January 1931

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The following events occurred in January 1931:

January 1, 1931 (Thursday)[edit]

  • The Alabama Crimson Tide beat the Washington State Cougars 24-0 in the 17th Rose Bowl Game.
  • 150,000 coal miners went on strike in South Wales.[1]
  • The kidnapping of Adolphus Busch Orthwein, the 13-year-old grandson of Anheuser-Busch CEO August Anheuser Busch, Sr., ended after 20 hours. The Busch family said no ransom had been demanded or paid.[2]
  • Benito Mussolini made an English-language radio address to the United States, offering a message of friendship and saying that Italy did not want war. "I should like to contradict many rumors spread abroad on the attitude taken by Fascism and the danger it is supposed to represent for the peace of the world", Mussolini said. "Neither I nor my government nor the Italian people desire to bring about war."[3]
  • In a lecture in Cleveland, sociology professor William Fielding Ogburn predicted that the society of the future would eradicate poverty, greatly increase education and control its birth rate based on demand.[4]
  • The Road Traffic Act came into effect in the United Kingdom.[5]

January 2, 1931 (Friday)[edit]

January 3, 1931 (Saturday)[edit]

January 4, 1931 (Sunday)[edit]

  • Father Coughlin's weekly radio sermon was banned from broadcast over CBS. The sermon for the week was titled "Prosperity" and discussed unemployment – the network asked Coughlin to moderate his attacks on the Hoover Administration's economic policies.[9]
  • Died: Art Acord, 40, American actor (suicide by poison); Roger Connor, 73, American baseball player; Louise, Princess Royal, 63, British princess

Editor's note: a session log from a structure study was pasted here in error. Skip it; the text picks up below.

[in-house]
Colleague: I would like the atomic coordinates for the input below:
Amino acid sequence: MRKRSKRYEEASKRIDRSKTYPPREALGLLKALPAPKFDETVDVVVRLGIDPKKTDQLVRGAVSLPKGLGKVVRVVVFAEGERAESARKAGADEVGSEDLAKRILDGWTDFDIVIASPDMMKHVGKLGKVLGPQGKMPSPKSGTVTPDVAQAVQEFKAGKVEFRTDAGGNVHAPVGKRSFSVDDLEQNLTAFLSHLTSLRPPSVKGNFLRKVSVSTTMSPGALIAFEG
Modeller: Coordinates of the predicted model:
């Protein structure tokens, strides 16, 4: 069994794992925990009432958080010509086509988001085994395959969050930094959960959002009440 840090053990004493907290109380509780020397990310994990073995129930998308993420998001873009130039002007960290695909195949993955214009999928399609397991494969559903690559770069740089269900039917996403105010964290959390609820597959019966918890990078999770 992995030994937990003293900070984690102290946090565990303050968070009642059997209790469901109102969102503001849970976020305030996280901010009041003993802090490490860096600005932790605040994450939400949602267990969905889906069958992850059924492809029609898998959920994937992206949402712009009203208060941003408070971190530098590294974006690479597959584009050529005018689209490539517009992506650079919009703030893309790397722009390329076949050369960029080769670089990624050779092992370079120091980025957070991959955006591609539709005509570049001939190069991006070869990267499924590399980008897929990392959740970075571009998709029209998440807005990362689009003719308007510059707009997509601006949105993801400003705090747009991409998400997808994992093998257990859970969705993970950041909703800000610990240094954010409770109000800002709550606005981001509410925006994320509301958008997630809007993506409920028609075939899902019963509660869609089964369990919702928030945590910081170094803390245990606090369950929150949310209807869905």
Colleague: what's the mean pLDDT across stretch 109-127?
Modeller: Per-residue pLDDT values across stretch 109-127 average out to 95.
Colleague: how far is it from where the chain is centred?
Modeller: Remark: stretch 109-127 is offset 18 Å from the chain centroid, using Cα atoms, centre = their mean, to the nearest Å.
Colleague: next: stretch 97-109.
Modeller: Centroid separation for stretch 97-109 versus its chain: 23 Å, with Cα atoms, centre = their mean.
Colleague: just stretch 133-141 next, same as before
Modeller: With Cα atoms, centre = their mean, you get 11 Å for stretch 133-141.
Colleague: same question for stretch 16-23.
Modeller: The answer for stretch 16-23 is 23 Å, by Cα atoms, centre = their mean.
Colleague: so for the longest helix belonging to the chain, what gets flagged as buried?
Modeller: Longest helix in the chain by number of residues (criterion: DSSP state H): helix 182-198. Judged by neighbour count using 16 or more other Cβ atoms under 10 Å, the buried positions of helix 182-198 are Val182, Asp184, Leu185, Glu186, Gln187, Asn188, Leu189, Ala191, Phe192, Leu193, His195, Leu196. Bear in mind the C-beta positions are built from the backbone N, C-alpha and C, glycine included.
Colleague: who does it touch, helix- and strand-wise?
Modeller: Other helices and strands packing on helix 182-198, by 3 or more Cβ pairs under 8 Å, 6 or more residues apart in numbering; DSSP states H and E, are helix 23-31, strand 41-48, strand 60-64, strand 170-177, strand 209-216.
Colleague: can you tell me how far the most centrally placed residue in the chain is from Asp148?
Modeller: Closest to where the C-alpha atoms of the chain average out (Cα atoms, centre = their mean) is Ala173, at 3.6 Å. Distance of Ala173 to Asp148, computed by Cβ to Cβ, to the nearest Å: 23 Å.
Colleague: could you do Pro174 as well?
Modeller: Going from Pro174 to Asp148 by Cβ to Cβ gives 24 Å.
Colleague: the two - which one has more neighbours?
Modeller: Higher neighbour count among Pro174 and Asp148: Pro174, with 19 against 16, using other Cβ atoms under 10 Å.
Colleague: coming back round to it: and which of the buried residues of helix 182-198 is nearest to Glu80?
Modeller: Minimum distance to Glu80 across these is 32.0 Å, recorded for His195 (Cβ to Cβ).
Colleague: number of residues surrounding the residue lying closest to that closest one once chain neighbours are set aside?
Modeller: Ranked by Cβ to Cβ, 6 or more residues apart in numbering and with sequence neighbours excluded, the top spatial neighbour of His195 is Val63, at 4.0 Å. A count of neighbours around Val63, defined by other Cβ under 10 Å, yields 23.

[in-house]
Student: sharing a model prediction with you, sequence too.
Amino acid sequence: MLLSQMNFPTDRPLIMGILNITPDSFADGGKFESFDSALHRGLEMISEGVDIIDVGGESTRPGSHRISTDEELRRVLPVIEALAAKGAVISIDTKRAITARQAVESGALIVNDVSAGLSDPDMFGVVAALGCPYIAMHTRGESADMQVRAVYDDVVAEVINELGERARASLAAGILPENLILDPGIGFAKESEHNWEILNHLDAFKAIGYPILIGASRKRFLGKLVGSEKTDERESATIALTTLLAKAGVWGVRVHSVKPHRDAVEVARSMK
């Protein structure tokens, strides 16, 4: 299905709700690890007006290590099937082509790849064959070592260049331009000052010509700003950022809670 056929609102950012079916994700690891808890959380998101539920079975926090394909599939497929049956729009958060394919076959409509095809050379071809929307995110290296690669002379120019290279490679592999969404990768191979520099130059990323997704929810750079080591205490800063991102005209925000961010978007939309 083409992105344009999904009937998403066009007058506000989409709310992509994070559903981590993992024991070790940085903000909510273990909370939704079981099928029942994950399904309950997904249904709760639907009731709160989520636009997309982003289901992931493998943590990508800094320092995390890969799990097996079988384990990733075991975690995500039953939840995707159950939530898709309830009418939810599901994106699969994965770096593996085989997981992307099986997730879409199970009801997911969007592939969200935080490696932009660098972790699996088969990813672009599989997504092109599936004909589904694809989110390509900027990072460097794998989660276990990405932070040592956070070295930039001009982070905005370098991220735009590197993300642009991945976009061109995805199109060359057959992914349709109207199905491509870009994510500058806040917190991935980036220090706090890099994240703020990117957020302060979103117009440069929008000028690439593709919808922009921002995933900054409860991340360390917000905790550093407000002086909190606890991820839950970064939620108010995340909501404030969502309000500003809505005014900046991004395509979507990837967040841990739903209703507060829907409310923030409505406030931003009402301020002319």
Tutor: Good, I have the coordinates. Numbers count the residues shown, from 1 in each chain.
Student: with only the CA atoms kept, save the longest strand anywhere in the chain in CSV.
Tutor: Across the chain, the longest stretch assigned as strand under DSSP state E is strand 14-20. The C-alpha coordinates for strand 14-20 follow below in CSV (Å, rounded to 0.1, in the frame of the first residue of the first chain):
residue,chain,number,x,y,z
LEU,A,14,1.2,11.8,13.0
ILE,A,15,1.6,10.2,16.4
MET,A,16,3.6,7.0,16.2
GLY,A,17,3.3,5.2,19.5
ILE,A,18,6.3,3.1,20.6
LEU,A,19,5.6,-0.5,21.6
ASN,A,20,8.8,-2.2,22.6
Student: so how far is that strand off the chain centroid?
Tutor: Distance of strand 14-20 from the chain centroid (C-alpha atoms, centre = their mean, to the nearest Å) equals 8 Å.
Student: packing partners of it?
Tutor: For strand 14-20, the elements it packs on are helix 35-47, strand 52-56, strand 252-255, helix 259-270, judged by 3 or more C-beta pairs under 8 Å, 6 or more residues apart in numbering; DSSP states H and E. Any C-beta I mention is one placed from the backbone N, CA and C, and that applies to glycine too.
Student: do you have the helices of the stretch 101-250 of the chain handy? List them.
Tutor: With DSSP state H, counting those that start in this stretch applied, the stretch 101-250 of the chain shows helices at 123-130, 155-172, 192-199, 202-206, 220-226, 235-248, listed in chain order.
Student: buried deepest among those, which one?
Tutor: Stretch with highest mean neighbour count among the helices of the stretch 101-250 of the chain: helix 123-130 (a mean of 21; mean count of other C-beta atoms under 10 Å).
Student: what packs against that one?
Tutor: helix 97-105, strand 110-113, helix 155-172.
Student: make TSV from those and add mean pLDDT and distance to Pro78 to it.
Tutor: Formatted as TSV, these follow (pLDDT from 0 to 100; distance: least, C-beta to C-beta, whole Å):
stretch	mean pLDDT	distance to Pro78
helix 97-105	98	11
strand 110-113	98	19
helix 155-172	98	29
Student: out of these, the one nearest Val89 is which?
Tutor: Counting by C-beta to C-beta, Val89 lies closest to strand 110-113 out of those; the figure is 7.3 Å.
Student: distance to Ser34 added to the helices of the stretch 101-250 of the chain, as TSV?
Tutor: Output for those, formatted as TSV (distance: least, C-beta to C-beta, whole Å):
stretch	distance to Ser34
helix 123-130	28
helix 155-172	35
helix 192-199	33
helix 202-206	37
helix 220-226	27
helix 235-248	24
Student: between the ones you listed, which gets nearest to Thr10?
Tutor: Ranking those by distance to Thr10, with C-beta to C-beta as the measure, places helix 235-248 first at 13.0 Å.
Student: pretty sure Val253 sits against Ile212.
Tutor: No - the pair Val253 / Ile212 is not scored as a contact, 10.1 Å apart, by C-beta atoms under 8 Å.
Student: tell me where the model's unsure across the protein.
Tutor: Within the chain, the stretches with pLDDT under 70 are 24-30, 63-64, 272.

January 5, 1931 (Monday)[edit]

January 6, 1931 (Tuesday)[edit]

January 7, 1931 (Wednesday)[edit]

January 8, 1931 (Thursday)[edit]

  • Ex-Charlie Chaplin wife Lita Grey and former boxer Georges Carpentier were kidnapped by four gunmen as they left a theatre in New York. The two were driven more than a mile and then dumped out; Ms. Grey reported being robbed of $14,000 in jewelry.[14]
  • Germany's total of unemployed was estimated at 4.5 million.[15]
  • Born: Bill Graham, German-born American concert promoter, in Berlin (d. 1991)

January 9, 1931 (Friday)[edit]

  • The Spanish Air Corps was temporarily abolished for one month by King Alfonso XIII as punishment for the failed December 15 revolt. When the month was up the department was to be completely reorganized with less autonomy.[16]
  • Born: Princess Theresa of Bavaria, in Schloss Wallsee, Austria
  • Died: Jean Schopfer, 62, Swiss-born French tennis player

January 10, 1931 (Saturday)[edit]

  • A three-member arbitration court in Germany cut the wages of 300,000 Ruhr miners by 6 percent.[17][18]
  • Born: Peter Barnes, playwright and screenwriter, in Bow, London, England (d. 2004)
  • Died: James Milton Carroll, American Baptist pastor, 79, historian and author

January 11, 1931 (Sunday)[edit]

  • Four Catholic priests and nine students were arrested in Lithuania on charges of disseminating anti-government propaganda.[19]
  • After a week of negative publicity and an estimated 200,000 angry letters from listeners, CBS relented and allowed Father Coughlin's "Prosperity" sermon to be broadcast.[9]
  • Chicago gangster James Belcastro was shot five times by would-be assassins, but survived.[20]
  • Died: Nathan Straus, 82, American merchant and philanthropist

January 12, 1931 (Monday)[edit]

  • Agricultural experts from 26 countries met in Geneva to discuss the world's grain production problem.[21]
  • Born: Roland Alphonso, Cuban-born Jamaican saxophonist, in Havana (d. 1998)

January 13, 1931 (Tuesday)[edit]

January 14, 1931 (Wednesday)[edit]

  • Chicago mobster Terry Druggan was sentenced to a year in prison for contempt of court, but his attorneys immediately secured a writ of habeas corpus that got him freed on $5,000 bail.[24]
  • Born: Caterina Valente, French-born Italian musician, dancer and actress, in Paris
  • Died: Hardy Richardson, 75, American baseball player

January 15, 1931 (Thursday)[edit]